A small piece of fossil jawbone from Alaska represents a rare example of juvenile dromaeosaurid dinosaur remains from the Arctic, according to a study published July 8, 2020 in the open-access journal PLOS ONE by Alfio Alessandro Chiarenza of the Imperial College London, UK, and co-authors Anthony R. Fiorillo, Ronald S. Tykoski, Paul J. McCarthy, Peter P. Flaig, and Dori L. Contreras.
Dromaeosaurids are a group of predatory dinosaurs closely related to birds, whose members include well-known species such as Deinonychus and Velociraptor. These dinosaurs lived all over the world, but their bones are often small and delicate and rarely preserve well in the fossil record, complicating efforts to understand the paths they took as they dispersed between continents.
The Prince Creek Formation of northern Alaska preserves the largest collection of polar dinosaur fossils in the world, dating to about 70 million years ago, but the only dromaeosaurid remains found so far have been isolated teeth. The jaw fossil described in this study is a mere 14mm long and preserves only the tip of the lower jaw, but it is the first known non-dental dromaeosaurid fossil from the Arctic. Statistical analysis indicates this bone belongs to a close relative of the North American Saurornitholestes.
North American dromaeosaurids are thought to trace their origins to Asia, and Alaska would have been a key region for the dispersal of their ancestors. This new fossil is a tantalizing clue toward understanding what kinds of dromaeosaurs inhabited this crucial region. Furthermore, the early developmental stage of the bone suggests this individual was still young and was likely born nearby; in contrast to previous suggestions that this part of Alaska was exclusively a migratory pathway for many dinosaurs, this is strong evidence that some dinosaurs were nesting here. The authors suggest that future findings may allow a more complete understanding of these mysterious Arctic dromaeosaurids.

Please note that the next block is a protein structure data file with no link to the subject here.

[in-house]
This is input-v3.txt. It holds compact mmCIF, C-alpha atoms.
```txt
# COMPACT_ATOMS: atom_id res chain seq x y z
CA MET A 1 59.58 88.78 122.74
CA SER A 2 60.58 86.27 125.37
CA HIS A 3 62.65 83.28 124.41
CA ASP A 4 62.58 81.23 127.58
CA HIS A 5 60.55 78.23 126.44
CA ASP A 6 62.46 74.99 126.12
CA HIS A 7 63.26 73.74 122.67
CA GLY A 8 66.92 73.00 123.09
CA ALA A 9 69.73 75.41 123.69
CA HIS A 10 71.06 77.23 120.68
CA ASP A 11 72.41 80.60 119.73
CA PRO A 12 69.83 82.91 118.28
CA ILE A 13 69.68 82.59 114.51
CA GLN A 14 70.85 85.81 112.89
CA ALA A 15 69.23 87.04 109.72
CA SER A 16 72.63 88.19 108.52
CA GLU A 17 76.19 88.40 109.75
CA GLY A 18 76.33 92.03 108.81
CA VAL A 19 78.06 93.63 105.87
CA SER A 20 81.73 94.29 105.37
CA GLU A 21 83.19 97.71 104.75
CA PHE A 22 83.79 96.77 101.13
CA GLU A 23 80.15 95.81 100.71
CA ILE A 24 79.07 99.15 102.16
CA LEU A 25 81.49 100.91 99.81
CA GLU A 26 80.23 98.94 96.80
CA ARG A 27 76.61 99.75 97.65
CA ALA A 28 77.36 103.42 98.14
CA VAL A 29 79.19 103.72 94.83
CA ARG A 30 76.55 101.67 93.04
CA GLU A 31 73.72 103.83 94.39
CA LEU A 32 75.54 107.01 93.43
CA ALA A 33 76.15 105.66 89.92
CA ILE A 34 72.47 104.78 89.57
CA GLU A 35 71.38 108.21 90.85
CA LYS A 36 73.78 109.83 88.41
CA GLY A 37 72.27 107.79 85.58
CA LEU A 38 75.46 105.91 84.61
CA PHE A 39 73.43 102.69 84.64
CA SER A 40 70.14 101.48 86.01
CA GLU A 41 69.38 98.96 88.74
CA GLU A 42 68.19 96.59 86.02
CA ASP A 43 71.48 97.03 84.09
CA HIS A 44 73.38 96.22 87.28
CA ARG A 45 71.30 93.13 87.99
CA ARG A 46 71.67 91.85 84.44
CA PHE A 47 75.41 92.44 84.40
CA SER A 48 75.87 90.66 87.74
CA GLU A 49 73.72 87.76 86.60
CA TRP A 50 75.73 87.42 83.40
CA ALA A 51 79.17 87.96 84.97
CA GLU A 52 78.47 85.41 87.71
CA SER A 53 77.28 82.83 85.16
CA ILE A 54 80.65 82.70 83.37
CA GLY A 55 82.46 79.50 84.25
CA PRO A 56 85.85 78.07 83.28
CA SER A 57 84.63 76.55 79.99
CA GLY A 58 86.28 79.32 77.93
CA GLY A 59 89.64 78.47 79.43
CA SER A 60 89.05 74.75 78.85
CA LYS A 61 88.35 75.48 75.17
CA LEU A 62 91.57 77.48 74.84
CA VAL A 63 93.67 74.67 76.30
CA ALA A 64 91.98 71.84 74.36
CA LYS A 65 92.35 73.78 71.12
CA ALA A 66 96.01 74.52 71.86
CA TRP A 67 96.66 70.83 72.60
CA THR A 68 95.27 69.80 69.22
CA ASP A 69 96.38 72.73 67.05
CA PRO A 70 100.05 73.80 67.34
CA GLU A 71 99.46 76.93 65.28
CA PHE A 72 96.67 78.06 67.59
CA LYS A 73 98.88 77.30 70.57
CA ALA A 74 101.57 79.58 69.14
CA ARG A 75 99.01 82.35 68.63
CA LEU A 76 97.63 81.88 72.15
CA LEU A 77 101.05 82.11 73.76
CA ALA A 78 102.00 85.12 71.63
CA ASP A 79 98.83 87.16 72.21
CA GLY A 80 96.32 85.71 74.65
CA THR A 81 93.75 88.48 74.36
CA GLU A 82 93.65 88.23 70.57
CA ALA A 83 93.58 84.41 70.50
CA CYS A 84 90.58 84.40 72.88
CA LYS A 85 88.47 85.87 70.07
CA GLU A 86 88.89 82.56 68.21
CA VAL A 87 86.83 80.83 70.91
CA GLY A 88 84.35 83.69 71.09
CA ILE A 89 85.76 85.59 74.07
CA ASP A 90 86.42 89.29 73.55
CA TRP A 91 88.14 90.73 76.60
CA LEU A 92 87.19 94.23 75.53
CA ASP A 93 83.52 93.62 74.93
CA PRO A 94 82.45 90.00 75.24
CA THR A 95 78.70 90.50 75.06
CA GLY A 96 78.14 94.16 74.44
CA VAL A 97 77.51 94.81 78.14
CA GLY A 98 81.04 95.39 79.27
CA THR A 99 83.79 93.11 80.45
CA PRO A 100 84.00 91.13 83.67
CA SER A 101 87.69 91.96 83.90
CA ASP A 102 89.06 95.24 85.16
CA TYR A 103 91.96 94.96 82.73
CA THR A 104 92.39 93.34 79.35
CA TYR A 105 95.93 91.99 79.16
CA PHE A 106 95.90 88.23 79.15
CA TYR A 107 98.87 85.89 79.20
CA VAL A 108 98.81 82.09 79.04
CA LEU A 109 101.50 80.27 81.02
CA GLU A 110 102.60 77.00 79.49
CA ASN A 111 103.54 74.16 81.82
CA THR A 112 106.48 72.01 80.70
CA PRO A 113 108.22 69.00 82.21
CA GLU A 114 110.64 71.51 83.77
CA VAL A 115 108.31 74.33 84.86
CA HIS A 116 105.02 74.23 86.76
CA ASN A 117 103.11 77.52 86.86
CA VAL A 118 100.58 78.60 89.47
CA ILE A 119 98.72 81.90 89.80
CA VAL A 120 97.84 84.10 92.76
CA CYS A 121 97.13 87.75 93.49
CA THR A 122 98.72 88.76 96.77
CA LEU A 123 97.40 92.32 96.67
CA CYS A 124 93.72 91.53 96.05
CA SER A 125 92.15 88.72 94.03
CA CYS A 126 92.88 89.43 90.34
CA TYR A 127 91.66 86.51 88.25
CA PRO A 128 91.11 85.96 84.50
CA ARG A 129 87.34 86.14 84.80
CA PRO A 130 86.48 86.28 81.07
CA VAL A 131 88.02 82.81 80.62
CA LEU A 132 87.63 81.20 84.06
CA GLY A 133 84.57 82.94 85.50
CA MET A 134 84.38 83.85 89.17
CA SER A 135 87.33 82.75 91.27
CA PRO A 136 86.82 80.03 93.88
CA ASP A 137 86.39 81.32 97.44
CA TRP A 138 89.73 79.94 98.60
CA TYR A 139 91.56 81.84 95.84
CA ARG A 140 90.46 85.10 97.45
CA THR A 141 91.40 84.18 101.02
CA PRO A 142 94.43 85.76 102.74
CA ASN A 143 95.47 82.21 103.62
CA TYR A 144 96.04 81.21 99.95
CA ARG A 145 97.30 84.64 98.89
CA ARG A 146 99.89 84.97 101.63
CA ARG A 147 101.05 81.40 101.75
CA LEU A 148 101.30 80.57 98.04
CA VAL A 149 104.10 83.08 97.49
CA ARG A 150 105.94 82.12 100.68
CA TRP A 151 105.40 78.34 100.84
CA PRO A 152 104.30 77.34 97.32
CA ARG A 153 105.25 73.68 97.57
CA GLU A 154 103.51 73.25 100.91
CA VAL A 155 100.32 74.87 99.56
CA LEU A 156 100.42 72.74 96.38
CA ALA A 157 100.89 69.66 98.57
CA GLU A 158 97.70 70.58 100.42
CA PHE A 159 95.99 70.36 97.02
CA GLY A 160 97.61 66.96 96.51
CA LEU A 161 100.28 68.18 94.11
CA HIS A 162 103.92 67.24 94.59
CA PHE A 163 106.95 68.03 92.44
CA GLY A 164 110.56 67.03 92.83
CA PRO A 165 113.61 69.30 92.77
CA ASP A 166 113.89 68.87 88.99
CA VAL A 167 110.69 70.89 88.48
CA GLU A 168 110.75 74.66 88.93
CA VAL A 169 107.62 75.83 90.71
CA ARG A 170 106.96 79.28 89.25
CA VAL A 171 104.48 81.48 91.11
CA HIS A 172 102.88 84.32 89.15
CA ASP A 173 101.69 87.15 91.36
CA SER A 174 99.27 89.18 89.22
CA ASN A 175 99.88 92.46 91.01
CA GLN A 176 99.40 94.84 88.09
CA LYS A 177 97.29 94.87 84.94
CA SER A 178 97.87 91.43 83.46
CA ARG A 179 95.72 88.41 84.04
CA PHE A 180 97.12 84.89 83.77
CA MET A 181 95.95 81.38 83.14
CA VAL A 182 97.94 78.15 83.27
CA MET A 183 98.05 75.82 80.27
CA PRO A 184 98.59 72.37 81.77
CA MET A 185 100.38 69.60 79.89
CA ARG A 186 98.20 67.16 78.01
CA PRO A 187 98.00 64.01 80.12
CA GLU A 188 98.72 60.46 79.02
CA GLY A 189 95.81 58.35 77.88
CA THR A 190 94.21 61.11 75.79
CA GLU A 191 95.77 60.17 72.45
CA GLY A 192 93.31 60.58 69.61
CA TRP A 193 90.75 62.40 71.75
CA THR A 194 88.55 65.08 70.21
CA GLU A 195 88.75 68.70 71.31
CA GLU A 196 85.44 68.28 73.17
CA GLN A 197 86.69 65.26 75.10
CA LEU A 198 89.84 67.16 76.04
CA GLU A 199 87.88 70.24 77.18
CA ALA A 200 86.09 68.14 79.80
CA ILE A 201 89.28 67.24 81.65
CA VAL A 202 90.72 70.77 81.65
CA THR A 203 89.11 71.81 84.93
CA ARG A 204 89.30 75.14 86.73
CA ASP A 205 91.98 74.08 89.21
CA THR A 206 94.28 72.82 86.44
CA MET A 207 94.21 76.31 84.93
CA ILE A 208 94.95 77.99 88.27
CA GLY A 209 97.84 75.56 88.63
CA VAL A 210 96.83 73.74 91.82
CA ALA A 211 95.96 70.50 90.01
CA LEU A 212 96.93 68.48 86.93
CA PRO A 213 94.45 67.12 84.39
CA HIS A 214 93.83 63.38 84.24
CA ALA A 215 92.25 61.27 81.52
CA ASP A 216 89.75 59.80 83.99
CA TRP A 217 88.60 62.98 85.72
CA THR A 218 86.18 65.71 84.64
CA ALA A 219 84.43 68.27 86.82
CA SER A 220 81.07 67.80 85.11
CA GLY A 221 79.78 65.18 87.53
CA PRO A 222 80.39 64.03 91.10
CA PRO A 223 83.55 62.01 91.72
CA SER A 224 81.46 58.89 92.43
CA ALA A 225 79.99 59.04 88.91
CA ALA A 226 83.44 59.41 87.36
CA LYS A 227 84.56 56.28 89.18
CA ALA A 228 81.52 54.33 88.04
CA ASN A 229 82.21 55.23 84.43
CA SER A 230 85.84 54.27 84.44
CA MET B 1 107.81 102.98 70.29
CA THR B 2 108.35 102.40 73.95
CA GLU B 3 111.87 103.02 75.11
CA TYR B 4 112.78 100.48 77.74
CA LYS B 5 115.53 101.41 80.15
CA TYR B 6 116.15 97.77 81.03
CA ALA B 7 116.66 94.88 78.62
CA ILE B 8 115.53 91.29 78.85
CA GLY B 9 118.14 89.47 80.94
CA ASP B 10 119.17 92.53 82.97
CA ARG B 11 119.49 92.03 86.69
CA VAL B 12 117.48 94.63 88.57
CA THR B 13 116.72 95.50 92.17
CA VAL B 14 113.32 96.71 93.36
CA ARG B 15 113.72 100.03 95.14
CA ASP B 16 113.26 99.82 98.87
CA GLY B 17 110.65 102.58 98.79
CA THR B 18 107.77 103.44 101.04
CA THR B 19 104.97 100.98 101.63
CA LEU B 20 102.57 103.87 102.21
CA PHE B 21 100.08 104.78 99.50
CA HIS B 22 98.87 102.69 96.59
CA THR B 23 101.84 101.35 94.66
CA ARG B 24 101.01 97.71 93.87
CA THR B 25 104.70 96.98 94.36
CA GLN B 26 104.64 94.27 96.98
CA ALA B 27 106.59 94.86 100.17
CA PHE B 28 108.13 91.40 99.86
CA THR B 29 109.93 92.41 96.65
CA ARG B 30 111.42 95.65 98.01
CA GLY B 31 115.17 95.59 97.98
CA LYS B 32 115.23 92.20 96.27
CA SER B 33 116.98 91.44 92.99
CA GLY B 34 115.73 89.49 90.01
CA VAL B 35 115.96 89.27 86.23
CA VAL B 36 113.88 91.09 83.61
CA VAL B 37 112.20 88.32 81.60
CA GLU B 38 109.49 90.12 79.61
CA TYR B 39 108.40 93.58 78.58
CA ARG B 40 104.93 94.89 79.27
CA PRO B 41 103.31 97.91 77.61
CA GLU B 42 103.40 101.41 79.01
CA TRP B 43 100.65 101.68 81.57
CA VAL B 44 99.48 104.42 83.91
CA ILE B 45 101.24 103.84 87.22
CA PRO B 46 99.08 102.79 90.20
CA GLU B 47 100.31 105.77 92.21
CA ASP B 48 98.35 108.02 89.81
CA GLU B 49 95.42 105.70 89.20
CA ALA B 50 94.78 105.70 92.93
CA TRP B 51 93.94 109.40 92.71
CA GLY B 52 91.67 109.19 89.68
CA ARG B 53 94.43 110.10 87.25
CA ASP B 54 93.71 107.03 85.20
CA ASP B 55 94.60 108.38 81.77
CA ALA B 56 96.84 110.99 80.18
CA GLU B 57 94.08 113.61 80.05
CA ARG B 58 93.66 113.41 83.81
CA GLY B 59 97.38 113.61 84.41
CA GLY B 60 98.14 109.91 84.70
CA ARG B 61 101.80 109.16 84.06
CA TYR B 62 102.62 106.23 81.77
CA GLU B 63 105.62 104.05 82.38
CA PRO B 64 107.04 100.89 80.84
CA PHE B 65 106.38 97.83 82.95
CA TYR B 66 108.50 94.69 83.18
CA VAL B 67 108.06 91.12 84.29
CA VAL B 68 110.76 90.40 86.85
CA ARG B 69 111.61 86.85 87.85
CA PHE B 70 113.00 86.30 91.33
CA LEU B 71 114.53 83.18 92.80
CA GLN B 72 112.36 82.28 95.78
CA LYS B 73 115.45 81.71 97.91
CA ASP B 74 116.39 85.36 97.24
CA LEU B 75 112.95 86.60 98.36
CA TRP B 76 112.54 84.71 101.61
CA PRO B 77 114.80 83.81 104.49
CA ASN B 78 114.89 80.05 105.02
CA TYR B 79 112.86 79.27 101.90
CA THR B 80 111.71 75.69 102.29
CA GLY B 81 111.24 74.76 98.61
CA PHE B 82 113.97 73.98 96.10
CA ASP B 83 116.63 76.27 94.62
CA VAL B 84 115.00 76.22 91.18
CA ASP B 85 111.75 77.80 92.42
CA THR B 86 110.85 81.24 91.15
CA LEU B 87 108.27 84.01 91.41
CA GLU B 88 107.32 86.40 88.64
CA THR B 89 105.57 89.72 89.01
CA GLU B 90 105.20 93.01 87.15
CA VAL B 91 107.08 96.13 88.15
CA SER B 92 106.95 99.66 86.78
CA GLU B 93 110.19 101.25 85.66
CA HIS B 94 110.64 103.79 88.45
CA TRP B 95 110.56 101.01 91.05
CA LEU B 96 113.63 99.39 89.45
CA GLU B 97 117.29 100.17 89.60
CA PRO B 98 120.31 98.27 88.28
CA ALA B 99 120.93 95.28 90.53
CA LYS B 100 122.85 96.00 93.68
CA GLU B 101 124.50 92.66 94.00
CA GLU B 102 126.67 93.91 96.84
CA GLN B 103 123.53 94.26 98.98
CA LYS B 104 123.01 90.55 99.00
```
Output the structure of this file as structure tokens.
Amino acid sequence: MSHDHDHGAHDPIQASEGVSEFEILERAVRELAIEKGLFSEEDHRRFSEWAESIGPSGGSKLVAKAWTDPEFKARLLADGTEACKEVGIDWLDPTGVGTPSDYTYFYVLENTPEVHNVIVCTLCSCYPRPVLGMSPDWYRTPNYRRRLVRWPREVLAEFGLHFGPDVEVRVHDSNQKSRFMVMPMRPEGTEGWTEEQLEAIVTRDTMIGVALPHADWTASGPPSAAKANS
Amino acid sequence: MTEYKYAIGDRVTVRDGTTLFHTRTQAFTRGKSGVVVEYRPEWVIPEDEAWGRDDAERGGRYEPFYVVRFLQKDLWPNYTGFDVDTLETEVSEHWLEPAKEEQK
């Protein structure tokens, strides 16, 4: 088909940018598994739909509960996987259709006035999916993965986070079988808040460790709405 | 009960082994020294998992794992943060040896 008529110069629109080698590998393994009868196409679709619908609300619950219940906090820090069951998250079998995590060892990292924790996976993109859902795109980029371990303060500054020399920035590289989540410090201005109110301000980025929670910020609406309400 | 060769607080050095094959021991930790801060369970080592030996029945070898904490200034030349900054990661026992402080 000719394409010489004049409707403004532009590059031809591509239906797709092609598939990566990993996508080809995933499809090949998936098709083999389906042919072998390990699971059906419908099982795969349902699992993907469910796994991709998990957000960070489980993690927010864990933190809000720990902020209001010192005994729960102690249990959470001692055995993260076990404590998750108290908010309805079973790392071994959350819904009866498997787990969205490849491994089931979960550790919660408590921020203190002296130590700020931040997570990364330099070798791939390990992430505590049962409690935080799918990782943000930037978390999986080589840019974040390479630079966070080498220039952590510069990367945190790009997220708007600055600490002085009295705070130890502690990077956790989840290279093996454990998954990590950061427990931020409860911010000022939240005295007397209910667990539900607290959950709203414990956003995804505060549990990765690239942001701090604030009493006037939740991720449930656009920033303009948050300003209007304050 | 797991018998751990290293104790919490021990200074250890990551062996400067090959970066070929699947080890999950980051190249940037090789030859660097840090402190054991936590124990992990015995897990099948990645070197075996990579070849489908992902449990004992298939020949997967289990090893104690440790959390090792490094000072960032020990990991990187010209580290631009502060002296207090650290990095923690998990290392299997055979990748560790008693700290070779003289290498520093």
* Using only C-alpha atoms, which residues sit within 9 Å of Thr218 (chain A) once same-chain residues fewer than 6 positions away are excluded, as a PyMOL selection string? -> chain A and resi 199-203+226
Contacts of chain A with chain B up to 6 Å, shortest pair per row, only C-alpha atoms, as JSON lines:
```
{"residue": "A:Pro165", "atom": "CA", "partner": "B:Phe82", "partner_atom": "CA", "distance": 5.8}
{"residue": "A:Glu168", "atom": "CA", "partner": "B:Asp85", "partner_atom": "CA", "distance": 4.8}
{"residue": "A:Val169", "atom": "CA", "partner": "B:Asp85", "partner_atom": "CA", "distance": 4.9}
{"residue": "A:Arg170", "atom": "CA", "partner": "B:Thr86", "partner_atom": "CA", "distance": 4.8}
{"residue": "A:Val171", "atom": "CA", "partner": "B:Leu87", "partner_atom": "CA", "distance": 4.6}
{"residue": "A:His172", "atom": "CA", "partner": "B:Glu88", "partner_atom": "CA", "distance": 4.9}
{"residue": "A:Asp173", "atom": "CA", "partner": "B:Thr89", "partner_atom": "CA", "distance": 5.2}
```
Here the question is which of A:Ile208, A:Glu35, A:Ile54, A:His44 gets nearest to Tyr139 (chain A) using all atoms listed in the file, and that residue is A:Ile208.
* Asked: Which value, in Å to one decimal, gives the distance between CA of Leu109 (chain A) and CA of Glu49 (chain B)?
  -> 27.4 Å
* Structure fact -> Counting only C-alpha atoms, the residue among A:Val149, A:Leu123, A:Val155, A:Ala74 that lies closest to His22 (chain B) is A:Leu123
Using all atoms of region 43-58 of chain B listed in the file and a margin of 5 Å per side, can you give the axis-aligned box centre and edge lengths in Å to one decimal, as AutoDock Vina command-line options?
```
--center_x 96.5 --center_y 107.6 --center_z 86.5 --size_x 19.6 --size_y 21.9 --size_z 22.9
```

Chiarenza summarizes: "There are places where dinosaur fossils are so common that a scrap of bone, in most cases, cannot really add anything scientifically informative anymore: this is not the case with this Alaskan specimen. Even with such an incomplete jaw fragment, our team was not only able to work out the evolutionary relationships of this dinosaur, but also to picture something more on the biology of these animals, ultimately gaining more information on this Ancient Arctic ecosystem." Fiorillo adds: "Years ago when dinosaurs were first found in the far north, the idea challenged what we think we know about dinosaurs. For some time afterwards, there was a great debate as to whether or not those Arctic dinosaurs migrated or lived in the north year round. All of those arguments were somewhat speculative in nature. This study of a predatory dinosaur jaw from a baby provides the first physical proof that at least some dinosaurs not only lived in the far north, but they thrived there. One might even say, our study shows that the ancient north was a great place to raise a family and now we have to figure out why."
Citation: Chiarenza AA, Fiorillo AR, Tykoski RS, McCarthy PJ, Flaig PP, Contreras DL (2020) The first juvenile dromaeosaurid (Dinosauria: Theropoda) from Arctic Alaska. PLoS ONE 15(7): e0235078. https://doi.org/10.1371/journal.pone.0235078
Funding: ARF received funding for this project from the National Science Foundation (OPP 0424594 to Fiorillo) and the National Geographic Society (W221-12 to Fiorillo). ARF received additional funding through the Perot PaleoClub, a private donation. The Perot Paleo Club played no role in the study design, data collection and analysis, decision to publish, or preparation of the manuscript.
Competing Interests: The authors have declared that no competing interests exist.
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